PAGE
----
By John Turney
In 1969 the Pro Football Hall of Fame had the voting committee choose a 50th Anniversary NFL Team. For the 75th Anniversary, in 1994, the NFL had a select
Ina few years there with
be a 100th Anniversary Team and we wonder what players from the past 25 seasons may crack the list.
The 50th Anniversary Team had 15 players and 30 runners-up a total of 45 players. The 75th Anniversary Team had 48 players. We don't know if there will be a team with, say, 45 or 48 players or if they will expand the number. We suppose they will, and hope they will. For the purposes of this
Let's start with the special teams. In 1970 the kicker was Lou Groza and no punter or returner was
chosen though there were players who could have filled those roles.
In 1994 Ray Guy and Jan Stenerud
were the punter and kicker, respectively and Billy "White Shoes" Johnson was the return specialist.
We think Devin Hester will likely supplant Johnson as the punt returner. His 14 punt return touchdowns and 5 kick returns for scores are simply too great to ignore. Josh Cribbs has 8 kickoff returns for touchdowns, which is the record, but Hester's 19 total are far and away the most. Cribbs was also a good core special teams player, covering kicks and
punts but Hester was the most productive returner.
Cribbs could challenge Gale Sayers as the kick returner, though, but Sayers did a lot
in a shorter time. The "eye test" would favor Sayers in our view. Dante Hall was a great returner with 6 punts and 6 kicks returned for touchdowns but Sayer's 6 returns in 91 chances is a 6.6%, the highest of all time among qualifiers, so we think he will retain the KR spot, he'd get our vote.
It may be that the NFL will add a special teams player and our best guess if they do, would be that Steve Tasker would get that nod. Would
agree but would hope that some of the others core STers would at least be in the discussion. Hank Bauer, Bill Bates, Reyna Thomspson, Kassim Osgood, Brendon Ayanbadejo, Ivory Sully, and many, many others were also stellar in coverage, blocking and blocking kicks. However, Tasker did it at a high level for a long time and was an All-Pro and Pro Bowler more often than the others.
Jan Stenrud and Morten Anderson are the two Hall of Fame kickers, along with Lou Groza who was a starting tackle for the first two-thirds of his career. In terms of stats, Groza was far ahead of his peers in terms of his averages. Pro Football Research Association member Rupert Patrick has an
upcoming book that with show his metric of "Points above League Average". He calculates how many points a particular kicker scores in relation to his peers. Groza, Anderson, and Stenerud all rank very high, but none are at the top. We won't give away who his top kicker is, we will let him reveal that in his book. However, one current kicker is doing very well versus his peers and that is Justin Tucker.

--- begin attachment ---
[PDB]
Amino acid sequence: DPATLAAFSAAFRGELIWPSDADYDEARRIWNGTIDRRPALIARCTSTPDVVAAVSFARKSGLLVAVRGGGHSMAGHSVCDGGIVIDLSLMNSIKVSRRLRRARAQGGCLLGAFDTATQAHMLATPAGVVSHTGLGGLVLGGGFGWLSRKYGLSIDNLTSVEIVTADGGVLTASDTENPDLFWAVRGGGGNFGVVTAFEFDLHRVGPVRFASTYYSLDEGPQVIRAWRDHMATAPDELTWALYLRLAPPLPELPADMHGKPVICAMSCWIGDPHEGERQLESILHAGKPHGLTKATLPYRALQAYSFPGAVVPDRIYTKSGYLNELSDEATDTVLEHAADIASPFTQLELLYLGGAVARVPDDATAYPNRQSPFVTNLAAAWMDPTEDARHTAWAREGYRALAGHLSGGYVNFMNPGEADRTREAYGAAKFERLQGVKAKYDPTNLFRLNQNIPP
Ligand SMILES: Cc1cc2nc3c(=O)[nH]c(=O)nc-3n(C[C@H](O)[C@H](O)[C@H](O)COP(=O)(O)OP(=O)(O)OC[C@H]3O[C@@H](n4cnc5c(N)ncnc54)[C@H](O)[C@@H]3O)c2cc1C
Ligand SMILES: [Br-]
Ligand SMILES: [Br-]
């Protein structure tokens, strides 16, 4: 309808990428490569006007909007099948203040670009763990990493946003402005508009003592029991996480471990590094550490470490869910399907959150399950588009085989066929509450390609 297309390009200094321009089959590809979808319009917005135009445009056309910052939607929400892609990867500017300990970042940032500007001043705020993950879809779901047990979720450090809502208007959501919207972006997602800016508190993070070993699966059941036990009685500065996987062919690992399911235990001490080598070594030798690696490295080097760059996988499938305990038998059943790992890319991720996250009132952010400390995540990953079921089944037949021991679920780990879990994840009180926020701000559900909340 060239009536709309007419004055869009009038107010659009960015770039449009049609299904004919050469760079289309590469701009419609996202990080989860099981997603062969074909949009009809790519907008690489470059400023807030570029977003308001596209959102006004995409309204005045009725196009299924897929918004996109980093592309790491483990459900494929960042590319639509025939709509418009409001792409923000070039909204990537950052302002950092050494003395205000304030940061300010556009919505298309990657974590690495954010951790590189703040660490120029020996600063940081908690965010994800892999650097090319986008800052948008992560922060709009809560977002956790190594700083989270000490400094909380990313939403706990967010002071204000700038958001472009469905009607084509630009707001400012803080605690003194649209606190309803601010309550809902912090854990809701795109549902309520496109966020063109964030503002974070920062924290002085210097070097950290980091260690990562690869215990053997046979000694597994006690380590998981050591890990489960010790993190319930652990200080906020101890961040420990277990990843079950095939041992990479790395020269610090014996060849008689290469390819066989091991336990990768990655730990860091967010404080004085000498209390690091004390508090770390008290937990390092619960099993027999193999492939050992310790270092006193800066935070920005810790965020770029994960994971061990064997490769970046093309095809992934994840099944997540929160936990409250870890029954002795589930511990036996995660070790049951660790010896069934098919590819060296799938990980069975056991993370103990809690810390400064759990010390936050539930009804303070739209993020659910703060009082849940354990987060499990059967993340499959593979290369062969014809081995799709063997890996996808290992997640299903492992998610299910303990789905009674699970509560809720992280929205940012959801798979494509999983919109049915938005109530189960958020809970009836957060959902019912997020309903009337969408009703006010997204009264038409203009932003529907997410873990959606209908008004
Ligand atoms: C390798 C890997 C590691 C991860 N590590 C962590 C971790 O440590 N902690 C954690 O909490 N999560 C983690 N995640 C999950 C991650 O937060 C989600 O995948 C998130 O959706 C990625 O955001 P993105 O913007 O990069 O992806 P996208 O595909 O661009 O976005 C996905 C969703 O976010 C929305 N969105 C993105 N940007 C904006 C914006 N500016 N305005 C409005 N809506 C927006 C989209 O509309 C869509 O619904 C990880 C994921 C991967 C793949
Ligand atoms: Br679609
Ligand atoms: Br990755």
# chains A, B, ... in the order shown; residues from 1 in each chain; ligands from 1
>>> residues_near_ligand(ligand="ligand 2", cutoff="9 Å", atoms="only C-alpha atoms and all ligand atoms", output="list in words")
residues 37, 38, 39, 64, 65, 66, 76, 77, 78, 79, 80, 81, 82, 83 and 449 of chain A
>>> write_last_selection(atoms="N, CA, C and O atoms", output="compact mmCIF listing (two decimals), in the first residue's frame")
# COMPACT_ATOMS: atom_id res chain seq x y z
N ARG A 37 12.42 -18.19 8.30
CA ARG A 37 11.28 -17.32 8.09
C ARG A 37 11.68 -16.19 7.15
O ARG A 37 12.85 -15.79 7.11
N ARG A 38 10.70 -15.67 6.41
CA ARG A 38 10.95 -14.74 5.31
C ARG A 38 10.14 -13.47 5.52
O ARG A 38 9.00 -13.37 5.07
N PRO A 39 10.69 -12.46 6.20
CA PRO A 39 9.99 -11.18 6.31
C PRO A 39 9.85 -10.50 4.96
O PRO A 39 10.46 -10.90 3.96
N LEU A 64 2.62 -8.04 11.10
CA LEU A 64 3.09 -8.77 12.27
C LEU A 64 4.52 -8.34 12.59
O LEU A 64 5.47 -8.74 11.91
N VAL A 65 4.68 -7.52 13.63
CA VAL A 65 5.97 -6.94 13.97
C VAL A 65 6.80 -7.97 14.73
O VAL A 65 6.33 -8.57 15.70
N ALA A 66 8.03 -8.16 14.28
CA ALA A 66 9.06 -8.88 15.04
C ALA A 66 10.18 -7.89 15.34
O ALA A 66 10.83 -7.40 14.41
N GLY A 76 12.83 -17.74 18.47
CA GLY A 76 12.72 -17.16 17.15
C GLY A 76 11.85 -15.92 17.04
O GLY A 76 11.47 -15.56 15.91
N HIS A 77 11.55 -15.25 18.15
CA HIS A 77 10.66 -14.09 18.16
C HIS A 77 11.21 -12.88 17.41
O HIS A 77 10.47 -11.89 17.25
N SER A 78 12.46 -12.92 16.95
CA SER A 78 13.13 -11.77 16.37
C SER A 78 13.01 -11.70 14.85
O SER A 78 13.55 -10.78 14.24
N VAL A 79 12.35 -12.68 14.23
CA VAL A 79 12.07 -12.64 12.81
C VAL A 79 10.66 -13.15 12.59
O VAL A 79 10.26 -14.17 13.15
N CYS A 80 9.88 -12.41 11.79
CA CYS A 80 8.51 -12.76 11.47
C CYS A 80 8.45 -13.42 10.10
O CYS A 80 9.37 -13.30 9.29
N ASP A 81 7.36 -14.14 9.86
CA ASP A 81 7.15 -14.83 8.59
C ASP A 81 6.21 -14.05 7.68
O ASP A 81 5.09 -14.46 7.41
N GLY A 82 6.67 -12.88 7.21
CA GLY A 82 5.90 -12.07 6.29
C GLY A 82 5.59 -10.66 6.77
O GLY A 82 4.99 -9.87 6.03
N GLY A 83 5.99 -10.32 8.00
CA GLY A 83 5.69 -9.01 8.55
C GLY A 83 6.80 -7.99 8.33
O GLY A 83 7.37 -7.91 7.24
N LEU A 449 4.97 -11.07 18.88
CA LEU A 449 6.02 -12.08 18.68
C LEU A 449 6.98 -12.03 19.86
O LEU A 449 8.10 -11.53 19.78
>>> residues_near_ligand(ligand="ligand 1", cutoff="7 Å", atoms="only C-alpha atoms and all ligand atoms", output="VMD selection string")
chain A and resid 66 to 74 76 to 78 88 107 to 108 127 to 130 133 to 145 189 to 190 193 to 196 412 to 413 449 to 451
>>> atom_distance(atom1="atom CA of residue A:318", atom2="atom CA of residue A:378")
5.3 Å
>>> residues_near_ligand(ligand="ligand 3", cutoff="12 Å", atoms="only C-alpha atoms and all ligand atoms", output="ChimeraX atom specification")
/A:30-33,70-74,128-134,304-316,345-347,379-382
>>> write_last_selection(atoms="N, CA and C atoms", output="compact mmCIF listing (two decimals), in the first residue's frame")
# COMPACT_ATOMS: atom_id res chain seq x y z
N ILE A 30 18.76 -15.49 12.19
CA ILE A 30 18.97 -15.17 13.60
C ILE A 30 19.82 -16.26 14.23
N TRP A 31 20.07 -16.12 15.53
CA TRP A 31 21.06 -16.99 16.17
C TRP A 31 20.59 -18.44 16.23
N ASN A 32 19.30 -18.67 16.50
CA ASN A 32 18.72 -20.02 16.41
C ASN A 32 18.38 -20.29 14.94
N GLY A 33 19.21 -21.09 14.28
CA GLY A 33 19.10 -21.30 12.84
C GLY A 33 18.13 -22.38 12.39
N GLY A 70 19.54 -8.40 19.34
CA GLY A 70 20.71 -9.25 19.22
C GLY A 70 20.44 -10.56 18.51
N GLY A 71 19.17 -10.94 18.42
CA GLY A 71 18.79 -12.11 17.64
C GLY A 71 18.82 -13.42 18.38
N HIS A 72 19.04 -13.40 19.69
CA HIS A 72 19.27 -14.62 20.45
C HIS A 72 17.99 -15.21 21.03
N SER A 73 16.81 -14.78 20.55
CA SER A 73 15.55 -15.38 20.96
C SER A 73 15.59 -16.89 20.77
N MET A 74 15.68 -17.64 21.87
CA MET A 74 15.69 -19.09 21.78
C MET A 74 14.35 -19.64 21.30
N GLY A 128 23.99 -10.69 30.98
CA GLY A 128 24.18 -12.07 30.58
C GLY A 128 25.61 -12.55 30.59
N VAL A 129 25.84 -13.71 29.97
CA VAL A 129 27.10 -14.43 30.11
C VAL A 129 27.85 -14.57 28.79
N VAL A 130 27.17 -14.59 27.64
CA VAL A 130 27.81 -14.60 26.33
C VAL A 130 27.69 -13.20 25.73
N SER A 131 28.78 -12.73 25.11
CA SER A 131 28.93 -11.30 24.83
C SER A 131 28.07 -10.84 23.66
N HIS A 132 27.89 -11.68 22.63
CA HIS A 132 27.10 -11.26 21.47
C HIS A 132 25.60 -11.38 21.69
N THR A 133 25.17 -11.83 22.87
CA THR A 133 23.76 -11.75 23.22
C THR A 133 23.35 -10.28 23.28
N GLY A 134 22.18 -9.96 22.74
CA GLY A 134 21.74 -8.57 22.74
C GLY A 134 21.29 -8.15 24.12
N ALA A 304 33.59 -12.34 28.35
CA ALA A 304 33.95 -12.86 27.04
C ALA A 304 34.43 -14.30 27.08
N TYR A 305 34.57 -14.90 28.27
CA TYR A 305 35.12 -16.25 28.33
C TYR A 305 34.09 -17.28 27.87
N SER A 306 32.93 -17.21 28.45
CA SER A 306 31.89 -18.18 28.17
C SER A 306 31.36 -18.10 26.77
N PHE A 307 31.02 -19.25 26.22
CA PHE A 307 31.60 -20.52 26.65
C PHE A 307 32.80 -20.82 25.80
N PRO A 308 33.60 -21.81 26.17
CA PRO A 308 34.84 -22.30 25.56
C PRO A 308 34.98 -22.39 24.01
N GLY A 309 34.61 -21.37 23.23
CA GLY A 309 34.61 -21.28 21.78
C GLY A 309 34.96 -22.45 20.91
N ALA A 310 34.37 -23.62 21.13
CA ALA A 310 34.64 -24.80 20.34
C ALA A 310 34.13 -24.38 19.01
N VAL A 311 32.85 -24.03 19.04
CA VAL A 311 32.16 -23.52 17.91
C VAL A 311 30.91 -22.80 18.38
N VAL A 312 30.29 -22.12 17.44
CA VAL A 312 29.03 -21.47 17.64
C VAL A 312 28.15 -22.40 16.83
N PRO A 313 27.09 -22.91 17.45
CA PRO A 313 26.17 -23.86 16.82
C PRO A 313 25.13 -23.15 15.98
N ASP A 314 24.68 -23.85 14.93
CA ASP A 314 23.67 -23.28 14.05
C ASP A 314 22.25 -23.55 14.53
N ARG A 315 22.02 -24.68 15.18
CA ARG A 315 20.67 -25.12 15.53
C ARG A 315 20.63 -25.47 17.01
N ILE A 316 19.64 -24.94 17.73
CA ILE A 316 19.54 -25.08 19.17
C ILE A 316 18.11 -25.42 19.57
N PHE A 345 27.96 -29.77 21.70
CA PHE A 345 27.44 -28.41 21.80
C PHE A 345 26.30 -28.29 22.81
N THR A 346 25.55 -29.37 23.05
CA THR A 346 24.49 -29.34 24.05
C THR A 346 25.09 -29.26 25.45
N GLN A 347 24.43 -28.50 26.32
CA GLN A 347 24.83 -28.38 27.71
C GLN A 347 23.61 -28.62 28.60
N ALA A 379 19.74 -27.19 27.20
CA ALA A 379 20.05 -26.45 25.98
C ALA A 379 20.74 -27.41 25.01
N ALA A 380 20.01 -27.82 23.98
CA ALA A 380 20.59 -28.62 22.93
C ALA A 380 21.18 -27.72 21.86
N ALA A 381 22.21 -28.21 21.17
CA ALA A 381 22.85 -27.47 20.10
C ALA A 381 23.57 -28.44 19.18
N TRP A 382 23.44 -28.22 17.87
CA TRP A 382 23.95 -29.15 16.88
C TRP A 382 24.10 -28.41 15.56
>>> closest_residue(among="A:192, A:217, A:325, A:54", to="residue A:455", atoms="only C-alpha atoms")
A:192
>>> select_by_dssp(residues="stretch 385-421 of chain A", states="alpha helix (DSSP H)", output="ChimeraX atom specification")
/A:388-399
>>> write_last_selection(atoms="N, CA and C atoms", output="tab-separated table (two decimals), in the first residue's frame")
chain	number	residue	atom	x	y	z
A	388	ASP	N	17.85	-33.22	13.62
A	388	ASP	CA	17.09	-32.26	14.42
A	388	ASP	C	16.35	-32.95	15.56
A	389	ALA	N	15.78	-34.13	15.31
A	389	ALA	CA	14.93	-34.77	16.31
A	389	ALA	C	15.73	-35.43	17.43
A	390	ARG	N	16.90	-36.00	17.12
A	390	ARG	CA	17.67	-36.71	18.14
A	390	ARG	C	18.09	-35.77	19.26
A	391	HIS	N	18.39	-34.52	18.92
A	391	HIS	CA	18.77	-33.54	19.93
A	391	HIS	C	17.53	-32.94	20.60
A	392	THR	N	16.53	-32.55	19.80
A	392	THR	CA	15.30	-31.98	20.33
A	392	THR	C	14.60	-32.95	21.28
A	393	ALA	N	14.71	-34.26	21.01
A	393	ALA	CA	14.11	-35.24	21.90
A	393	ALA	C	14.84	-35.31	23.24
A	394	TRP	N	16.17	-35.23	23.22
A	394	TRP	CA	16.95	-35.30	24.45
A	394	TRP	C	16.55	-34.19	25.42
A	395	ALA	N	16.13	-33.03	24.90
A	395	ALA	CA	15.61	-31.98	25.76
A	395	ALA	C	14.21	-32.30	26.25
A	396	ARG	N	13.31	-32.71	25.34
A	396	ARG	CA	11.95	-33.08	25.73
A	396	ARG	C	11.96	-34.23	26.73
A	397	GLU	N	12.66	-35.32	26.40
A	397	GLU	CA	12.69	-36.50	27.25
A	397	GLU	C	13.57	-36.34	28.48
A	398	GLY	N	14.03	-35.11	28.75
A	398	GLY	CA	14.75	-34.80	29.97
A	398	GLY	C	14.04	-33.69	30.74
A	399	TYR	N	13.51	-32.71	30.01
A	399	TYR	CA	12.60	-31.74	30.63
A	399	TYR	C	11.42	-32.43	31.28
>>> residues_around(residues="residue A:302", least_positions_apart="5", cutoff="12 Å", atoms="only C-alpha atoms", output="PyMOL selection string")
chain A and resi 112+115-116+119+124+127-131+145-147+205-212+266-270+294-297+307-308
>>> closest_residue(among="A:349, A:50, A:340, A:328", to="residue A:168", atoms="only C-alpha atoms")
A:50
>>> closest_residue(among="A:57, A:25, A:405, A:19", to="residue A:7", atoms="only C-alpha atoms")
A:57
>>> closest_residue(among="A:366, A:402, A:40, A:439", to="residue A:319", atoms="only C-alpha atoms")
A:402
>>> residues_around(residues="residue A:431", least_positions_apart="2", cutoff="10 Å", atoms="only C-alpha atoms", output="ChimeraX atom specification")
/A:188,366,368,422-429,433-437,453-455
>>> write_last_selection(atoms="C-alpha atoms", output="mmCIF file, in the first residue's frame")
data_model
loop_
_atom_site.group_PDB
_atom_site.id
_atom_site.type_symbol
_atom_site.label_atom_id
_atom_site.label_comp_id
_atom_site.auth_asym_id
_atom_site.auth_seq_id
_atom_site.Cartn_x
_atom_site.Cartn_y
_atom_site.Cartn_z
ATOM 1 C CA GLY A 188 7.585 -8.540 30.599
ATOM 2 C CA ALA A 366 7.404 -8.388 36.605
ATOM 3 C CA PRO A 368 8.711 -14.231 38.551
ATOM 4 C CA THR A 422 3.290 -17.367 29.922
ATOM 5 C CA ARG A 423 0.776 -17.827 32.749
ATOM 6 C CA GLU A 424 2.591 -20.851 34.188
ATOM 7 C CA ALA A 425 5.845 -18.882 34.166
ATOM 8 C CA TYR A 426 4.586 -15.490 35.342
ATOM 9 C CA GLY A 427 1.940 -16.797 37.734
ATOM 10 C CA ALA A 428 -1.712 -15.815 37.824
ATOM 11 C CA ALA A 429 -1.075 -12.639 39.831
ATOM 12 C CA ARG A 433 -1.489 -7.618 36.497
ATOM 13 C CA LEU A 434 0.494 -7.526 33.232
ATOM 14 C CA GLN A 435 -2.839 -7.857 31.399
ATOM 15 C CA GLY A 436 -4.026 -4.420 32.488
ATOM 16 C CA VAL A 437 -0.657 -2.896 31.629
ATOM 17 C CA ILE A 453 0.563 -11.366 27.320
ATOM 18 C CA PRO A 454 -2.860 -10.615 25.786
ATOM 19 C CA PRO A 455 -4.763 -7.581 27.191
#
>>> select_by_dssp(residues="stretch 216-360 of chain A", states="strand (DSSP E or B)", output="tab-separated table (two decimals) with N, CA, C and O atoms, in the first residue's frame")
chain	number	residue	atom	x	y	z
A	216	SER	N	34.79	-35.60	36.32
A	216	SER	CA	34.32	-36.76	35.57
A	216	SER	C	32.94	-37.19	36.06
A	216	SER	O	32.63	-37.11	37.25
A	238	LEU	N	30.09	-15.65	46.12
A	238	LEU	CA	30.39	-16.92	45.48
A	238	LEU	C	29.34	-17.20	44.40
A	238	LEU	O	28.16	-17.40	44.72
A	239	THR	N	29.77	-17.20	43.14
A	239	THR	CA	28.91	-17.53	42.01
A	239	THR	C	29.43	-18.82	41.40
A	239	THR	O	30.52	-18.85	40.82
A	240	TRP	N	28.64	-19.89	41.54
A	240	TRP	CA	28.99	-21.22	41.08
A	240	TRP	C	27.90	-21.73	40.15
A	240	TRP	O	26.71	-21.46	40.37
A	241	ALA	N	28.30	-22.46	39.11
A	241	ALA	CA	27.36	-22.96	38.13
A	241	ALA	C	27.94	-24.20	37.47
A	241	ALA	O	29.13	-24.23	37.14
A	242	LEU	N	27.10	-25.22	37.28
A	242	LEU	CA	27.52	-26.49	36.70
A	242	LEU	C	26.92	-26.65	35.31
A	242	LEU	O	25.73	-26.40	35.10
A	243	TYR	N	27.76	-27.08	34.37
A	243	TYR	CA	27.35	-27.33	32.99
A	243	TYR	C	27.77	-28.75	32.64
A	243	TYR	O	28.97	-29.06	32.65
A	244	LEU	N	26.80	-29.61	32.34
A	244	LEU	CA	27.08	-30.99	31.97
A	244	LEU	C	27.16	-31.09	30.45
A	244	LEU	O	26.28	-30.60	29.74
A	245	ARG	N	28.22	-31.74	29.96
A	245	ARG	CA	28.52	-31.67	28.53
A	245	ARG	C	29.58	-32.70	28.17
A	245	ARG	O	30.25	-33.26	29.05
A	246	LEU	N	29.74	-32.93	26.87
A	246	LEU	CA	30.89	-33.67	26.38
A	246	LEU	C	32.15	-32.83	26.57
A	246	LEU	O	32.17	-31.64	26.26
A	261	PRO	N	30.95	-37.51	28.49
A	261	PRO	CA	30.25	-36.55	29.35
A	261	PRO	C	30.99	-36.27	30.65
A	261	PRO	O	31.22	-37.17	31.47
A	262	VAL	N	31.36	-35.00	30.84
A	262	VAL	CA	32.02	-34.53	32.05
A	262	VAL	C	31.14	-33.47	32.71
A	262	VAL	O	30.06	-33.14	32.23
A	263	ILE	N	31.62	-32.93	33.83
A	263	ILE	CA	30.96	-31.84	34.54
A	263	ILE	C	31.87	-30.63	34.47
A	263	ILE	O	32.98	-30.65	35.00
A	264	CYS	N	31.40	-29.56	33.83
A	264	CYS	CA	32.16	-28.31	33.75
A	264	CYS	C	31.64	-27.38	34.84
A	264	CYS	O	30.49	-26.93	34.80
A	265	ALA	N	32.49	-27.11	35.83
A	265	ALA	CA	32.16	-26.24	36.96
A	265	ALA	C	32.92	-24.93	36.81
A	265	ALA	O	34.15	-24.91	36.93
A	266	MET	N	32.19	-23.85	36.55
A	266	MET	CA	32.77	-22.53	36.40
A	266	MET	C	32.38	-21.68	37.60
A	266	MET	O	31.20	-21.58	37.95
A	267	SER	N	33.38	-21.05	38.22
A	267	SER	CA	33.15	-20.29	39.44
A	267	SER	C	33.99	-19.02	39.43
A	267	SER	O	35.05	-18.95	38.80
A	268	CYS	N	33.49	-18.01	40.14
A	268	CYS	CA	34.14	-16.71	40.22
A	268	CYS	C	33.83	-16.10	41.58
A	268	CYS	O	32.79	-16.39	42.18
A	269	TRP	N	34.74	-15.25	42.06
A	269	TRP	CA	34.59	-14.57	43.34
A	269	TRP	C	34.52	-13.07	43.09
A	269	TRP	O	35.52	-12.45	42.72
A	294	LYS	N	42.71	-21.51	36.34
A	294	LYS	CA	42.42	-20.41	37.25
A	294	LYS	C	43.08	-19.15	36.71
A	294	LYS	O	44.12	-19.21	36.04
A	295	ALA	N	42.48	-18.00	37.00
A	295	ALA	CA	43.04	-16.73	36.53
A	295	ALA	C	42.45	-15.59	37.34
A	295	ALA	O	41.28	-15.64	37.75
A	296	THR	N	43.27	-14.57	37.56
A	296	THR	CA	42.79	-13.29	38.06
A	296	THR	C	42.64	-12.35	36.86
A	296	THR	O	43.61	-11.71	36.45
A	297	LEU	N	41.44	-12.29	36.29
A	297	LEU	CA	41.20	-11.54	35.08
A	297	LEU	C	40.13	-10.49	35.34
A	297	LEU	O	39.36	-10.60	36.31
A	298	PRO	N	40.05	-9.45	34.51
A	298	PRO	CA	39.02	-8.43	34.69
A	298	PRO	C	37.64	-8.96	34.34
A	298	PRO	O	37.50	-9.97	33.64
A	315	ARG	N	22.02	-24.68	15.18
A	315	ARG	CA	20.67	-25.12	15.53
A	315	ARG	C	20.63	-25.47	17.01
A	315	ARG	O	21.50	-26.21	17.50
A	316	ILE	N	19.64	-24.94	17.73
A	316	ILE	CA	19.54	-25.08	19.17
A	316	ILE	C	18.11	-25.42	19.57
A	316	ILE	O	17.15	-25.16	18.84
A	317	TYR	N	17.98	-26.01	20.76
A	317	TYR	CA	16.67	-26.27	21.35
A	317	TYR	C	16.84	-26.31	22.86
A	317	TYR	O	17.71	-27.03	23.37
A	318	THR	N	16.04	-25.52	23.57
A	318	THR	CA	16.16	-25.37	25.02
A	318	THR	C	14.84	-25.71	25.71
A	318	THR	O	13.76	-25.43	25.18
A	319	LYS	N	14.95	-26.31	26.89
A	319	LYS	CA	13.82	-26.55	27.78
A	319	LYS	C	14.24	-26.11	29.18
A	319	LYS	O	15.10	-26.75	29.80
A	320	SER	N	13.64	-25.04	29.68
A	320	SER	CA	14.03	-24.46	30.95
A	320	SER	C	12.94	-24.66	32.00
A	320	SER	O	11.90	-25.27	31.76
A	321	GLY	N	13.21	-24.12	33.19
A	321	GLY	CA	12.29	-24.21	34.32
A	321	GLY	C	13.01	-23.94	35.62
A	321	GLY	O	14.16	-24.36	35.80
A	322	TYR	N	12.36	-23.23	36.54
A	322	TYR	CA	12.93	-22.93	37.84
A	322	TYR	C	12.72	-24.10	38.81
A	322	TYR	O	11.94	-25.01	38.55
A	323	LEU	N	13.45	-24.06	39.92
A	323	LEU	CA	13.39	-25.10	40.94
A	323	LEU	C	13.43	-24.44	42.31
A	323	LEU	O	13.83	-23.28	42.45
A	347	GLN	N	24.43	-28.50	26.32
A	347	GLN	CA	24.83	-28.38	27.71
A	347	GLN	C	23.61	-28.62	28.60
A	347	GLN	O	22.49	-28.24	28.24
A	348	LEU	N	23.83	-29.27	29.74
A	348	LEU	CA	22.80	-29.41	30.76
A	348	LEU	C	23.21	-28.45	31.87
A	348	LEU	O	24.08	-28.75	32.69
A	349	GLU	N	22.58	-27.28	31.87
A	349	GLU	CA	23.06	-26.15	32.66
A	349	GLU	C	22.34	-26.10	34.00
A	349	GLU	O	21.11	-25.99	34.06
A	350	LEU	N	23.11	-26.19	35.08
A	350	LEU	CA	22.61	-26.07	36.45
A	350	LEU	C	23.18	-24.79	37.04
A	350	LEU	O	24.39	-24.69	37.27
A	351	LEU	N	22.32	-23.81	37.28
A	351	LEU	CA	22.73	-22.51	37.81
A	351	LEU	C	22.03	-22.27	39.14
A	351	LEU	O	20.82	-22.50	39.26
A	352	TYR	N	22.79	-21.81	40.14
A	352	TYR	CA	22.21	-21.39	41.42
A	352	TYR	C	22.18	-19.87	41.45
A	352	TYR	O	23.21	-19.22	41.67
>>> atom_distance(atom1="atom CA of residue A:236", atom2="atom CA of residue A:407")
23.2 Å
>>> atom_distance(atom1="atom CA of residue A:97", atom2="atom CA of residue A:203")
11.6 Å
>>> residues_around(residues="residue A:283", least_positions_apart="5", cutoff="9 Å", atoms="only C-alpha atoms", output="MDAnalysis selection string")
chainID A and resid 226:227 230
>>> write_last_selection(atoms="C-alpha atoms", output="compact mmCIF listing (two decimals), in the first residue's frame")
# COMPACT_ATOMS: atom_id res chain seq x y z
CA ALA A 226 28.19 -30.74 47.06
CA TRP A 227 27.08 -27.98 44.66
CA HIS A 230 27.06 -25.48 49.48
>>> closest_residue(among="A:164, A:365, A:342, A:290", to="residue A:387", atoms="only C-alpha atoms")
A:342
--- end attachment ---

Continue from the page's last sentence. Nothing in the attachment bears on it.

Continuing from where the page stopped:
Our view is that if Tucker keeps it
up he could challenge the "Big Three". Apart from that, it will likely be Anderson (a two-time All-Decade performer) or Stenerud.
Ray Guy is the only punter in the Hall of Fame. He will likely get the nod again. However, keep and eye out for Johnny Hekker. Playing for a mediocre-to-poor team in his five years Hekker owns almost every record in the book, both in terms of gross stats and in terms of "metrics".
Guy was All-Pro six times, Hekker three times in five seasons. Guy's Inside-the-20 to touchback ratio was 1.5 to one. Hekker's is currently 8.3 to 1. Almost double the next best (Dustin Colquitt's 4.6 to one—though when Sam Martin qualifies he will be around the same). But 8.3 to 1? It's unheard of.
Guy only had 3 punts blocked, which is excellent (0.3%). Hekker has had one blocked and his block percentage is 0.2%. For comparison, Jerrel Wilson, the Chief's great has 12 blocked for 1.1%.
Hekker had, so far, had 38.2% of his punts end up inside the twenty yard-line. Only Dustin Colquitt has a higher percentage (40.5%). Guy's percentage is 24.6% in that metric.
Hekker's net punting average is 43.3 as of the end of the 2016 season. The next closest is Thomas Morstead of the Saints with a 41.2 net average, nearly two yards fewer than Hekker and in this kind of statistic that is a lot since most of the best net yardage punters are all bunched around 40.0. Guy's career net punting average was 35.2, which is good, but not great, either, even for his time.
Certainly, Hekker will have to keep up this kind of performance for the next few years to catch they eye of whoever is on the voting committee but if he does, he cannot be ignored, even if the Rams don't improve because as of now, he's the best punter ever.
It will be interesting to follow these players and see if the up-and-comers like Hekker and Tucker can sustain their greatness.
Stay tuned for the next parts of this new series.